It sounds like Gibson never should have bought Steinberger. They didn’t seem to know what to do with it.

“*80s became taboo to coolness”? It seems to me the only metal bands capable of filling stadiums today are 80’s bands! As far as I know, Metallica, Iron Maiden and Guns 'n Roses are the top three drawing bands in hard rock/heavy metal.

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Gibson did the same thing to Kramer.

Steinbergers unfortunately got sorted into the column with big hair and pastel guitars.

Headless guitars seem to be making a comeback with the modern prog metal scene. Kiesel, Strandberg, and Ornsby seem to have the market cornered. Gibson missed out badly but not introducing a mid level Steinberger.

I play a Mayones Hydra, which is a headless guitar. It’s very comfortable and well balanced and is easy to play. The tuning is stable and it has an ABM bridge. The neck is also very stable and I haven’t had any problems with it so far.

Random side note - Ned Steinberger now has a company called NS Designs and they make electic Violins, Cellos, Upright Basses etc. I bought a 5 string Wav Cello last week and love it. I have no real frame of reference having never played acoustic cello (or a different electric one) but to me it feels very well made for the money and sounds great (…when I get the bowing right!)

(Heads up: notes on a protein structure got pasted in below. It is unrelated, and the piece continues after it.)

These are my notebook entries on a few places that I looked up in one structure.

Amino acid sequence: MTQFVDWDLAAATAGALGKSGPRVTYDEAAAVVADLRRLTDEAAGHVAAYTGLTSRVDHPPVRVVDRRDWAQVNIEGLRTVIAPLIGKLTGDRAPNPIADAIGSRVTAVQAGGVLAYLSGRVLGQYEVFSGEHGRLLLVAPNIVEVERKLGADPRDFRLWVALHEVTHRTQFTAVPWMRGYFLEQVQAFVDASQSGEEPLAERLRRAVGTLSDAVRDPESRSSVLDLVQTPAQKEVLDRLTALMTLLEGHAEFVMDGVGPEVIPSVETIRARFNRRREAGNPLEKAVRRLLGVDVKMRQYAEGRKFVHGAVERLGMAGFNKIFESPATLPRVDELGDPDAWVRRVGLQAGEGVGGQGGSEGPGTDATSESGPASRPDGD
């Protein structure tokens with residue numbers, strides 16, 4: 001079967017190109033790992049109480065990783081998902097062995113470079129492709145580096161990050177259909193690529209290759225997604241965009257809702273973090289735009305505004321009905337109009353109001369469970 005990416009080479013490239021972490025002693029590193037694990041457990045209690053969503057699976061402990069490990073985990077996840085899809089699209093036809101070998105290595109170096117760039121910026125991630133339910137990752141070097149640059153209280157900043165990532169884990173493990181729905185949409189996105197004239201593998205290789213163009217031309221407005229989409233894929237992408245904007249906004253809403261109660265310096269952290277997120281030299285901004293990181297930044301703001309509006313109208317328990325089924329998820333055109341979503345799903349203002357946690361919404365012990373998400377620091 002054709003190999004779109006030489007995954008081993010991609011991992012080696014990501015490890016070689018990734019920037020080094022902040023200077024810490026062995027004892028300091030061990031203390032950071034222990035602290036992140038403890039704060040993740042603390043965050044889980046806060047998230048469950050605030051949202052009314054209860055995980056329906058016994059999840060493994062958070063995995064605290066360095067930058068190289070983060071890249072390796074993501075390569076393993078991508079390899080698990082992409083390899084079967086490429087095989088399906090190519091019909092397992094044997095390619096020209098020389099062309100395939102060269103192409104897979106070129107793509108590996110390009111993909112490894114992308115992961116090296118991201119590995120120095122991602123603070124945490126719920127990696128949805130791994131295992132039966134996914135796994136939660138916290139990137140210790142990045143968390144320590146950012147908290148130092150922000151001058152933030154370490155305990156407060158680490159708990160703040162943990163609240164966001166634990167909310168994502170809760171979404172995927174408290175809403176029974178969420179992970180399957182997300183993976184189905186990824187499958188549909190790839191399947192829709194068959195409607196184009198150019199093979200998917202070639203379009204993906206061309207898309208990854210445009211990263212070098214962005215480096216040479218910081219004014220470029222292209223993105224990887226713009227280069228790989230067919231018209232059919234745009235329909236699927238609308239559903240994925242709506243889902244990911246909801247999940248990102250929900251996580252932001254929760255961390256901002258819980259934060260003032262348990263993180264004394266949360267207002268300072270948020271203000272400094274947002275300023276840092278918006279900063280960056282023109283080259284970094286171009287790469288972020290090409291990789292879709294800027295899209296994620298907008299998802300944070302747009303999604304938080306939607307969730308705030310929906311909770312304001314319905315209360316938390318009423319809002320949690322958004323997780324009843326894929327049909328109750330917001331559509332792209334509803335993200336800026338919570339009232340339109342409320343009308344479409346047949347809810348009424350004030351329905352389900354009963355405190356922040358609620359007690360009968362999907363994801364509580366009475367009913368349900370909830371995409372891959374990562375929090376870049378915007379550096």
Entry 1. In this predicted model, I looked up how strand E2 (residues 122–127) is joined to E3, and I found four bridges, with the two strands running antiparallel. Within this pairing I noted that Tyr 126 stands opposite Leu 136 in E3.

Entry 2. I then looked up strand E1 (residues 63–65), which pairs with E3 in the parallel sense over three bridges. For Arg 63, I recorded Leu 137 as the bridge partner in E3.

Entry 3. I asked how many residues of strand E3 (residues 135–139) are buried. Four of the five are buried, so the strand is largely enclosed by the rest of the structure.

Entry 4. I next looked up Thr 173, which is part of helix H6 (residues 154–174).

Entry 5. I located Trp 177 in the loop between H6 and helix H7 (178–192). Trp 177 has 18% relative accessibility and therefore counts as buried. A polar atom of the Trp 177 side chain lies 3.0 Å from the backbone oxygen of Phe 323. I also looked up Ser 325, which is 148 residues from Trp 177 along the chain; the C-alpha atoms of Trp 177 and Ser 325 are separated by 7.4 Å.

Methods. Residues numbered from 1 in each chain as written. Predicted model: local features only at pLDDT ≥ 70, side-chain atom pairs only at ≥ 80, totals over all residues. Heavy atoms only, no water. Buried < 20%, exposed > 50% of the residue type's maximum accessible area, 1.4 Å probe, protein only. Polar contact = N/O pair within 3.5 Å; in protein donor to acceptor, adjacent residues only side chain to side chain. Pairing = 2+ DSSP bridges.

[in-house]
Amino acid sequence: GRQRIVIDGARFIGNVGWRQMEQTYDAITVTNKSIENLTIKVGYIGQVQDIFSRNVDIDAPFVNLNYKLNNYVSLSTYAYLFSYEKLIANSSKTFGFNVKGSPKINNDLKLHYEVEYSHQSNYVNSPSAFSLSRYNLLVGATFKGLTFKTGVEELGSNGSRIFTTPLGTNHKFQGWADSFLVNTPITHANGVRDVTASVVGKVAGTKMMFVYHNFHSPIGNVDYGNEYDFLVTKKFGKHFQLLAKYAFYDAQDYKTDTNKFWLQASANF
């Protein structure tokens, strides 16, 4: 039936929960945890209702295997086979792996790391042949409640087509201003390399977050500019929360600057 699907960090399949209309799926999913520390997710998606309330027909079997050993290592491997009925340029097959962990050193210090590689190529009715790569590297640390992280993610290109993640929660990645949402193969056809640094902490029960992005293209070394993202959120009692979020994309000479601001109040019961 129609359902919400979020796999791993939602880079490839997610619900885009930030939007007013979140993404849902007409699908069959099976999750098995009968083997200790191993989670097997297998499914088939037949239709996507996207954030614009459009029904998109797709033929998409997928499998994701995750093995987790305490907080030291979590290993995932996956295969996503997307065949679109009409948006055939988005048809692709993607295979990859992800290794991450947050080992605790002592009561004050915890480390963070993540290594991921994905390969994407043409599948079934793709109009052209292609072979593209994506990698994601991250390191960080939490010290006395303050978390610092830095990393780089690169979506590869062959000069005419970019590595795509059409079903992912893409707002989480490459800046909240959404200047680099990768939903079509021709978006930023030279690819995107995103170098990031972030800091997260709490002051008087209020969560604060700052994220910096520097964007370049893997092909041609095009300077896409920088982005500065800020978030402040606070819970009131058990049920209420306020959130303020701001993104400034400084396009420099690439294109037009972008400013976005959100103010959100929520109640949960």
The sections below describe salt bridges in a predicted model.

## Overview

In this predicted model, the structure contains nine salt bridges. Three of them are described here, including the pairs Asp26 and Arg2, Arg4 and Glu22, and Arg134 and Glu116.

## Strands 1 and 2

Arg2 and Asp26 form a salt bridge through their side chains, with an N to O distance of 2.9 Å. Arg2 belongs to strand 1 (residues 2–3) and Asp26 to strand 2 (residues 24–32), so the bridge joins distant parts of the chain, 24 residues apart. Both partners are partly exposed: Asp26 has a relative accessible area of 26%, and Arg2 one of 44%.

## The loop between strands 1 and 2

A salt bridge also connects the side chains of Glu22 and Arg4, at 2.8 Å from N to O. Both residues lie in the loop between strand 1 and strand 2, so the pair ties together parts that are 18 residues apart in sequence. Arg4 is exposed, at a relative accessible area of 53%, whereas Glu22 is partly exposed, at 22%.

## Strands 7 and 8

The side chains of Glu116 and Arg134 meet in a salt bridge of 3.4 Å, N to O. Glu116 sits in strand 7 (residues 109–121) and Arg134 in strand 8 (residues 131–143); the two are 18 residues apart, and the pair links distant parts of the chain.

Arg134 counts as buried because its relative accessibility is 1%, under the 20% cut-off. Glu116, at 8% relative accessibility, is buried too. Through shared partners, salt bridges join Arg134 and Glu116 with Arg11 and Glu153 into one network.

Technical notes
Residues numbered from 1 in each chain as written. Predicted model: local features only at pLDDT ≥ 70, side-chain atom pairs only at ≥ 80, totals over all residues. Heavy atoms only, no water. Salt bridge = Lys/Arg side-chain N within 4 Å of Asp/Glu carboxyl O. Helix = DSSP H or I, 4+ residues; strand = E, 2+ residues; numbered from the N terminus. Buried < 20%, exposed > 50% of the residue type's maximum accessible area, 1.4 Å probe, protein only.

Oh yeah and I had to smile when I realised that one of the tricky parts of playing a Cello is switching strings… just like on that other instrument behind it :slight_smile:

Here’s a post I saw in a Facebook page I’m part of. Troy and this site are tagged in the post.
Steinberger guitar like you mentioned in your post.

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I’ve never seen someone shredding, with a metal guitar tone, with a thumb pick like that before. Very impressive.

I believe that guitar is a Hohner headless guitar. You can see the logo.

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Thanks for all the input, everyone. I appreciate it.

Steinberger recently re-released a Spirit model, the small-bodied ones with either HSS or HSH pickup formats. As mentioned above, these guitars are wooden, and lack the Trans-Trem and other features of the earlier, more expensive Steinbergers. But my interest in them is not driven by the innovations, but by my need for a decent travel guitar. They go for around $400 new, and reports are that they are much better guitars than the Traveler Speedster or other similar models. I’ve tried out many travel guitars in my price range, and they mostly feel like cheap toys. From what I’ve read, the new Steinbergers are a much better value.